Why is there so much wrong data about NGA?
A reader in the (fixed line, pax, Kijoma) broadband-starved county of West Sussex has just sent us this screenshot. It shows that BT estimates the dial-up line in question will get a “typical line speed” of between 750kbps and 2.5Mbps if the subscriber upgrades to broadband.
Our reader says previous correspondence with BT revealed that the a line length of “8.5-9km/DB losses of between 82 and 86 DB”, which probably makes it impossible to achieve those speeds. “I am most impressed with the BET they are obviously going to employ here!” he writes.
More seriously, he adds “Does this flawed data get into BDUK’s/LAs systems? We need to know. This customer is possibly ABOVE the USC (universal service commitment) according to BT, but is only getting 40kb.”
This is not the only flawed data that BDUK or even Ofcom might hold. Bill Lewis of Kijoma has been fighting to have his wireless broadband footprint included in the coverage maps – to no avail. Kijoma provides high speed broadband to parts of West Sussex, including areas served by three of the four BT exchanges in the UK that cannot deliver broadband. West Sussex County Council’s map of the area do not show Kijoma’s footprint.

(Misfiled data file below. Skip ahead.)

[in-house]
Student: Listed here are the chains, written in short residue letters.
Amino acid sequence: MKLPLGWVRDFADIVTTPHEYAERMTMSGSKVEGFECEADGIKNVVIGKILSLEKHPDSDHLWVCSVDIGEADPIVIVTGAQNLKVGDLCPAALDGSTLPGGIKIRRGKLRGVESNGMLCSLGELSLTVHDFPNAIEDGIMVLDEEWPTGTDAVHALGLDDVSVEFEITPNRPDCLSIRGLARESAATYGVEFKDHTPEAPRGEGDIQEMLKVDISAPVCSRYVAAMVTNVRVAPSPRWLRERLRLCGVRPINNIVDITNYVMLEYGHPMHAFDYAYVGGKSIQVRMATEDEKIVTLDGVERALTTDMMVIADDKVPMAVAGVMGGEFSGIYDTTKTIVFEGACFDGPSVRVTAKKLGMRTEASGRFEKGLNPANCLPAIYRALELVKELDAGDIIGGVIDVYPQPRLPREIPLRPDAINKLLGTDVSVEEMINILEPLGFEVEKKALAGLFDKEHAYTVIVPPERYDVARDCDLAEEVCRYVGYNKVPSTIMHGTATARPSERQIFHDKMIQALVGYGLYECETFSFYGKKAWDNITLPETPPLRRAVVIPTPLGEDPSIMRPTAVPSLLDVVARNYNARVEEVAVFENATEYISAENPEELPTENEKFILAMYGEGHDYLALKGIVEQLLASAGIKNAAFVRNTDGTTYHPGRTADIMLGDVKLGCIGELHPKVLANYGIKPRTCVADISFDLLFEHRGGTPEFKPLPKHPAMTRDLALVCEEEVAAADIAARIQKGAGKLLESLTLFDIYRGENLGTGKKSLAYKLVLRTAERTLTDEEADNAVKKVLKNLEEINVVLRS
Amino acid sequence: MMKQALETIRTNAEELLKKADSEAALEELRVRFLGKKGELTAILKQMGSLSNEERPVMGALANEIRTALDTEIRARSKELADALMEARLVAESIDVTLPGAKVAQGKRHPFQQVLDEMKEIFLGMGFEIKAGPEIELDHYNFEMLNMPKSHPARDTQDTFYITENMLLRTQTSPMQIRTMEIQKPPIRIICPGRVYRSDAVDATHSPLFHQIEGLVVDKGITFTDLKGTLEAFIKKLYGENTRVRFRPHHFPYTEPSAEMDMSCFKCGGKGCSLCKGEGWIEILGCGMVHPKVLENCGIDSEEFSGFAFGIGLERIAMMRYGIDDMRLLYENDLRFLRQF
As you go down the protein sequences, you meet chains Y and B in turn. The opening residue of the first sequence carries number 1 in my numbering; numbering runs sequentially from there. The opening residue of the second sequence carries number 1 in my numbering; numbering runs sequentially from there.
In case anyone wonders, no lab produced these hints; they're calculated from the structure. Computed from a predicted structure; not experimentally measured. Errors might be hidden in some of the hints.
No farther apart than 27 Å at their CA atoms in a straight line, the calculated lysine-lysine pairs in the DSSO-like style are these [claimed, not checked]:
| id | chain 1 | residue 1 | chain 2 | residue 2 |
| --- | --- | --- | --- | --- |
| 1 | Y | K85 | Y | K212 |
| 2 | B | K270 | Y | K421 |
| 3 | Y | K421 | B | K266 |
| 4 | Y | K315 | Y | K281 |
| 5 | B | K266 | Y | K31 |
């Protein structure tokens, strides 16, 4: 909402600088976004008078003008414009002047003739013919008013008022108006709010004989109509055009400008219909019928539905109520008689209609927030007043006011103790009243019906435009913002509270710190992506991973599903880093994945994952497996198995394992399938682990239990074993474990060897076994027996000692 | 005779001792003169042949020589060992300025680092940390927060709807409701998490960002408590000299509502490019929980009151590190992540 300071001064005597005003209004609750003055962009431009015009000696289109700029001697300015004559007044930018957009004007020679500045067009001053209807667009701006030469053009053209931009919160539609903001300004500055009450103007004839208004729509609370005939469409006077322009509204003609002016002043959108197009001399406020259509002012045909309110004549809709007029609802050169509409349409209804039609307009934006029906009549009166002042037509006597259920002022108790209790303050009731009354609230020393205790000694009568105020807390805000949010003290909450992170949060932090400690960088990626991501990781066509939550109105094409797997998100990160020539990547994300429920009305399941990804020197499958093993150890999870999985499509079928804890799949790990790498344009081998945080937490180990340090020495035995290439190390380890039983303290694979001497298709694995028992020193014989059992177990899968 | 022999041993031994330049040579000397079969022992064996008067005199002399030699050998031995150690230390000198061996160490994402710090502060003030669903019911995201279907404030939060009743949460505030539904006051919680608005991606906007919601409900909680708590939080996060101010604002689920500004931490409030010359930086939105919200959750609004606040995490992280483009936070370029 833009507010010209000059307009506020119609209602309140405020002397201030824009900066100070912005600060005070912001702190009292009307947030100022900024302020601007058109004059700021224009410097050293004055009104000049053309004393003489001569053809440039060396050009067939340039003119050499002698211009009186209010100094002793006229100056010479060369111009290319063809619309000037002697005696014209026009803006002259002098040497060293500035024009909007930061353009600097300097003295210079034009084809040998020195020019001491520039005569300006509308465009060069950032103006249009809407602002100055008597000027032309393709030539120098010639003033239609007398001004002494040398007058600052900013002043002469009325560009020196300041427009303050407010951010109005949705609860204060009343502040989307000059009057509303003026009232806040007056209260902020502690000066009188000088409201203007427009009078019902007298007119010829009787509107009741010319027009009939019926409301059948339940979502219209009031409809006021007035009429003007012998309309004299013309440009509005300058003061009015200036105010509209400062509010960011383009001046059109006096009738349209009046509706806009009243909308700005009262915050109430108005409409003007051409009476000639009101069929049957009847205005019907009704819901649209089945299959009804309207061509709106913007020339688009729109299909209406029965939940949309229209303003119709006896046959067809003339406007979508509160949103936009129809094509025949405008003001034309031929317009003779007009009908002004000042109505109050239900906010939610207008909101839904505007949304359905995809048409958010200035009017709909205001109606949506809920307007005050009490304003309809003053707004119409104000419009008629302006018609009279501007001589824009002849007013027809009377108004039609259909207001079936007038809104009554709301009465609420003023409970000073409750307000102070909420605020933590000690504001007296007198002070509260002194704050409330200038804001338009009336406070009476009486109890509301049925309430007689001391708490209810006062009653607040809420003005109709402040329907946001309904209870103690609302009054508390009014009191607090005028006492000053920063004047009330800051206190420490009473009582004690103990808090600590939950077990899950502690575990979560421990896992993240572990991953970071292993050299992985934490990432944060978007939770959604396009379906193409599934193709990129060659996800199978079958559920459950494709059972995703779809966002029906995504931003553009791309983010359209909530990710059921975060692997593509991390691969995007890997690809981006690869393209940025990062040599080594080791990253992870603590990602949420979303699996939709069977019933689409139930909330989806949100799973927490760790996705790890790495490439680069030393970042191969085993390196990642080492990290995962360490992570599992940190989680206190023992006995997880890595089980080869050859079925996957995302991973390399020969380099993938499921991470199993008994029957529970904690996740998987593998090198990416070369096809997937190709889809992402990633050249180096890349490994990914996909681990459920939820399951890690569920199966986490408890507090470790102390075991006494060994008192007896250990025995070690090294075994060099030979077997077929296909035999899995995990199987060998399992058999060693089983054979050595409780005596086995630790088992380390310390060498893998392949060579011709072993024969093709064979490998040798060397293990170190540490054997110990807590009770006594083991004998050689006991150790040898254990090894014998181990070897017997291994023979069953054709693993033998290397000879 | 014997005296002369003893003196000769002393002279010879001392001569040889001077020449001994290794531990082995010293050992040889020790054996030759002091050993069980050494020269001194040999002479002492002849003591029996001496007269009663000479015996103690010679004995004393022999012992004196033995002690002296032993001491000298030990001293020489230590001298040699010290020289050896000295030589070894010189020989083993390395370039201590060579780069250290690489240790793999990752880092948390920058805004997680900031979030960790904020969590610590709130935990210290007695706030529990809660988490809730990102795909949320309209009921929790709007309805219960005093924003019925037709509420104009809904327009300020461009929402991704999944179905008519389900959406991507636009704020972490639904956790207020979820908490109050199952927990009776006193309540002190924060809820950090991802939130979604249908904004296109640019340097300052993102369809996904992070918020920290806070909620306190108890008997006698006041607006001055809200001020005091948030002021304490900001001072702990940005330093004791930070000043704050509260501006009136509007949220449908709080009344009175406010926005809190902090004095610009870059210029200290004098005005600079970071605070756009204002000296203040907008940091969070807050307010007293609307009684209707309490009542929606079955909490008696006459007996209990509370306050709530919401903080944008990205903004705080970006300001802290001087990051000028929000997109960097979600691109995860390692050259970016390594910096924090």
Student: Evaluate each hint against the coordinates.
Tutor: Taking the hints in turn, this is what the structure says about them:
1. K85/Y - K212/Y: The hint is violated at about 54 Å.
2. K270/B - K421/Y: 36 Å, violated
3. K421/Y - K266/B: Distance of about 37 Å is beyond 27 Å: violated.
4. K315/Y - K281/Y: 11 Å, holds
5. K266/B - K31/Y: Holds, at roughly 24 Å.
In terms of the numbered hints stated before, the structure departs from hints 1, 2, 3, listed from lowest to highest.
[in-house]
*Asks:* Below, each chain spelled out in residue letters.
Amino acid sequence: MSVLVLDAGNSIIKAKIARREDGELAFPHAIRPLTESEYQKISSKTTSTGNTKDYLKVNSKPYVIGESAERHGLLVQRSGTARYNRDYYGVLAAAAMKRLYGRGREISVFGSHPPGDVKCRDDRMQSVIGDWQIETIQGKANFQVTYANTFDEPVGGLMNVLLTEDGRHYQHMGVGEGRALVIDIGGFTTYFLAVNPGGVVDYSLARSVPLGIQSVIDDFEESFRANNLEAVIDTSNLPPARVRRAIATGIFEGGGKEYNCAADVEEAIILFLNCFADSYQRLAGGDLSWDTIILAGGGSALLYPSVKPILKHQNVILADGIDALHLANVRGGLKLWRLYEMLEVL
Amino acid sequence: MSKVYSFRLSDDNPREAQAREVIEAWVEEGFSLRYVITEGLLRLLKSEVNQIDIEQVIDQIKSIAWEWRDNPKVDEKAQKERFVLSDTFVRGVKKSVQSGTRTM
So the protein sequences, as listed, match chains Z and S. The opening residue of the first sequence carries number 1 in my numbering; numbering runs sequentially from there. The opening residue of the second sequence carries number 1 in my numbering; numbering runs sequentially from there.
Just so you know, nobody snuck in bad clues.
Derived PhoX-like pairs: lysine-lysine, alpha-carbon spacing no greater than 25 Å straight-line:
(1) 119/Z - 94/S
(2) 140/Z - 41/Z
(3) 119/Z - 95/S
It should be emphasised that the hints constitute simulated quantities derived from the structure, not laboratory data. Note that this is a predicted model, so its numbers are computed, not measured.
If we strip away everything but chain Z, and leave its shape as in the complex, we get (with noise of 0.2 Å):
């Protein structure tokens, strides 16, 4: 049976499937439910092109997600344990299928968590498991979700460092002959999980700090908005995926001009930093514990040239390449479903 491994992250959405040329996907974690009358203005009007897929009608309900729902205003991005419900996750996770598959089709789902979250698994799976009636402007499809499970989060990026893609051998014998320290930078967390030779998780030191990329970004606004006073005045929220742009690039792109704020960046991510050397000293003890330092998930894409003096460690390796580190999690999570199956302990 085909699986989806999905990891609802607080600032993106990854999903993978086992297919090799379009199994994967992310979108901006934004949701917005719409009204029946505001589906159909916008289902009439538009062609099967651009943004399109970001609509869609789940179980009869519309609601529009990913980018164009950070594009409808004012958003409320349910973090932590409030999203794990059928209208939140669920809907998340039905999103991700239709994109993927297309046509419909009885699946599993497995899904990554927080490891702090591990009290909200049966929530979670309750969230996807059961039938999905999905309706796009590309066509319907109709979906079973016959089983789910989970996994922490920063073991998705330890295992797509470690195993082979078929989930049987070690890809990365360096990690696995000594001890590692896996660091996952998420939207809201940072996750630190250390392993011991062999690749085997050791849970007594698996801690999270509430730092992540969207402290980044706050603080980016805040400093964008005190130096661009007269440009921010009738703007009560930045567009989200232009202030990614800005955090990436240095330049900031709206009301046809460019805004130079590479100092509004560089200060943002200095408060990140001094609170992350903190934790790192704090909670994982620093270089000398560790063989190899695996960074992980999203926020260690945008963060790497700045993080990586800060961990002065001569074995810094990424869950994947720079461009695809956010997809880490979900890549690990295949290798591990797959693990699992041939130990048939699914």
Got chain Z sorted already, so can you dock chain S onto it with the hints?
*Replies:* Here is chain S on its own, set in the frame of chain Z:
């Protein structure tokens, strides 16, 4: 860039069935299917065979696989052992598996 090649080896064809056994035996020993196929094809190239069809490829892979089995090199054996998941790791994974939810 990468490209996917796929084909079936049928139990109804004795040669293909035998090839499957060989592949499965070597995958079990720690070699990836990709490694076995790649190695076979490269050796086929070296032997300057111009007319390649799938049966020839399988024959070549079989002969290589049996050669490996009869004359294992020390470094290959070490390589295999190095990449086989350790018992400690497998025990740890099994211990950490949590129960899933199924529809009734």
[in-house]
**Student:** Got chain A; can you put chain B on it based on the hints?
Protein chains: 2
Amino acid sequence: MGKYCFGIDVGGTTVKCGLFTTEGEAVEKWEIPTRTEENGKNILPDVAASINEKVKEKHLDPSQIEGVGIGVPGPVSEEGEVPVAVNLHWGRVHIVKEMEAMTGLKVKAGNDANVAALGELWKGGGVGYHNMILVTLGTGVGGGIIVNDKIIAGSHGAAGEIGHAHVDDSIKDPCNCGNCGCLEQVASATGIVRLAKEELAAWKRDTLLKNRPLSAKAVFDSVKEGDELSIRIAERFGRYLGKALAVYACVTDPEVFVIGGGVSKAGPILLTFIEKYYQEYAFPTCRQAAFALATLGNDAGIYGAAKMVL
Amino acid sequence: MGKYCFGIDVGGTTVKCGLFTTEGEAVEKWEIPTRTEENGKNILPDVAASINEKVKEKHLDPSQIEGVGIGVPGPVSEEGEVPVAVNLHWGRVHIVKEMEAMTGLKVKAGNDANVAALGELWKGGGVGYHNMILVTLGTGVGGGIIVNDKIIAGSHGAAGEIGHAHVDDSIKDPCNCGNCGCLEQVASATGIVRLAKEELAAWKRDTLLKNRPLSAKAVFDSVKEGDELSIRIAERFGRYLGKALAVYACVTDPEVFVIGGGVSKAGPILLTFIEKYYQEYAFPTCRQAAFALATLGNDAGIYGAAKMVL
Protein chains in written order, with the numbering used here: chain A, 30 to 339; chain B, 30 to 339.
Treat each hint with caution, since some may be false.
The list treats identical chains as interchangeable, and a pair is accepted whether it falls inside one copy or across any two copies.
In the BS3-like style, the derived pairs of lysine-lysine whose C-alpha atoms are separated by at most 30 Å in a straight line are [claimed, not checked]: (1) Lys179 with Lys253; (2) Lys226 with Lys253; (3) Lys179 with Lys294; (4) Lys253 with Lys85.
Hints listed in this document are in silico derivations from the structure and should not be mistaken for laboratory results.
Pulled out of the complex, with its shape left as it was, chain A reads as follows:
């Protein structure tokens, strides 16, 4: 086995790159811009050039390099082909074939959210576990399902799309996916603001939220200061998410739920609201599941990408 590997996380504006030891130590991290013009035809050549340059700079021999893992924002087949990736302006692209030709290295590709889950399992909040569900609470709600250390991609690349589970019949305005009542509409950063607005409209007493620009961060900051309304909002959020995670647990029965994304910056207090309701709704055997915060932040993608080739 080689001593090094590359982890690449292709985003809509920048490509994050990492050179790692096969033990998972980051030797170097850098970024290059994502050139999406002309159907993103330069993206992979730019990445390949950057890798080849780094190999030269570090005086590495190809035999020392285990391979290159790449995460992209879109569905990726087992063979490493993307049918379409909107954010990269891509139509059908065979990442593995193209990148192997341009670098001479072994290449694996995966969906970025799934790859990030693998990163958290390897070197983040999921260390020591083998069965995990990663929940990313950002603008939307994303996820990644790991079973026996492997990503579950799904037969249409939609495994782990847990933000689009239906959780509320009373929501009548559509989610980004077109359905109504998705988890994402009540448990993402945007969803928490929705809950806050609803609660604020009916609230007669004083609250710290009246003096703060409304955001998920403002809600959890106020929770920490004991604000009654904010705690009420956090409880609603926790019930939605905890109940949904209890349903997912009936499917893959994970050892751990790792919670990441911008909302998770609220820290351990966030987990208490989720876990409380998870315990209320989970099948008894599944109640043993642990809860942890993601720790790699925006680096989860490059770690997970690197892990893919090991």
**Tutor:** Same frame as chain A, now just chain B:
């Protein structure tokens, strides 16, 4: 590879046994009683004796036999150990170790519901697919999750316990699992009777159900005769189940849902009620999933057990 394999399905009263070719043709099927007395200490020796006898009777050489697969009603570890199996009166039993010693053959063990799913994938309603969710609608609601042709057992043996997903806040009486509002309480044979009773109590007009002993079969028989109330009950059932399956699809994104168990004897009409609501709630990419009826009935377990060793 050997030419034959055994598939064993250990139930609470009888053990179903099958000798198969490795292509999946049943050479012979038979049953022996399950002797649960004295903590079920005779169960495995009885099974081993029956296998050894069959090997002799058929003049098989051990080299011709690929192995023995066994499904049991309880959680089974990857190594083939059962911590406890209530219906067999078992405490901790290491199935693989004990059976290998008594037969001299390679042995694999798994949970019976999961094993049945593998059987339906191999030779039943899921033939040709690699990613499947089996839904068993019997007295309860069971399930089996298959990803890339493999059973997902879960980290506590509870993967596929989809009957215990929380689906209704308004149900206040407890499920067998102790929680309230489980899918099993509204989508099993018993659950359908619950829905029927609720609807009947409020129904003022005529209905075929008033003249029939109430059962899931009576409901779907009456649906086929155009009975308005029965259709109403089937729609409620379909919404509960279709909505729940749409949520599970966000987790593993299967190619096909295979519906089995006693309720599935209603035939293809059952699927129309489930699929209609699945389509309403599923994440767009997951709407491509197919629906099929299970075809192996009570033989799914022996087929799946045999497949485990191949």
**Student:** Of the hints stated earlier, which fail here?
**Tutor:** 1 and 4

Everybody involved the the next generation broadband project, including BT, is on record saying that there needs to be a mix of technologies, including wireless, in the local access loop. Why then are existing wireless providers being ignored? Why do the maps not reflect truly what’s available? What other incorrect data are being used to support claims to £530m of taxpayers’ money?
Enough people have raised the incorrect data issue with BDUK, DCMS, Ofcom and the government that for them to ignore it is wilful. We must ask why.
Would it shrink the areas eligible for state-aided funding? If so, in whose interest is that?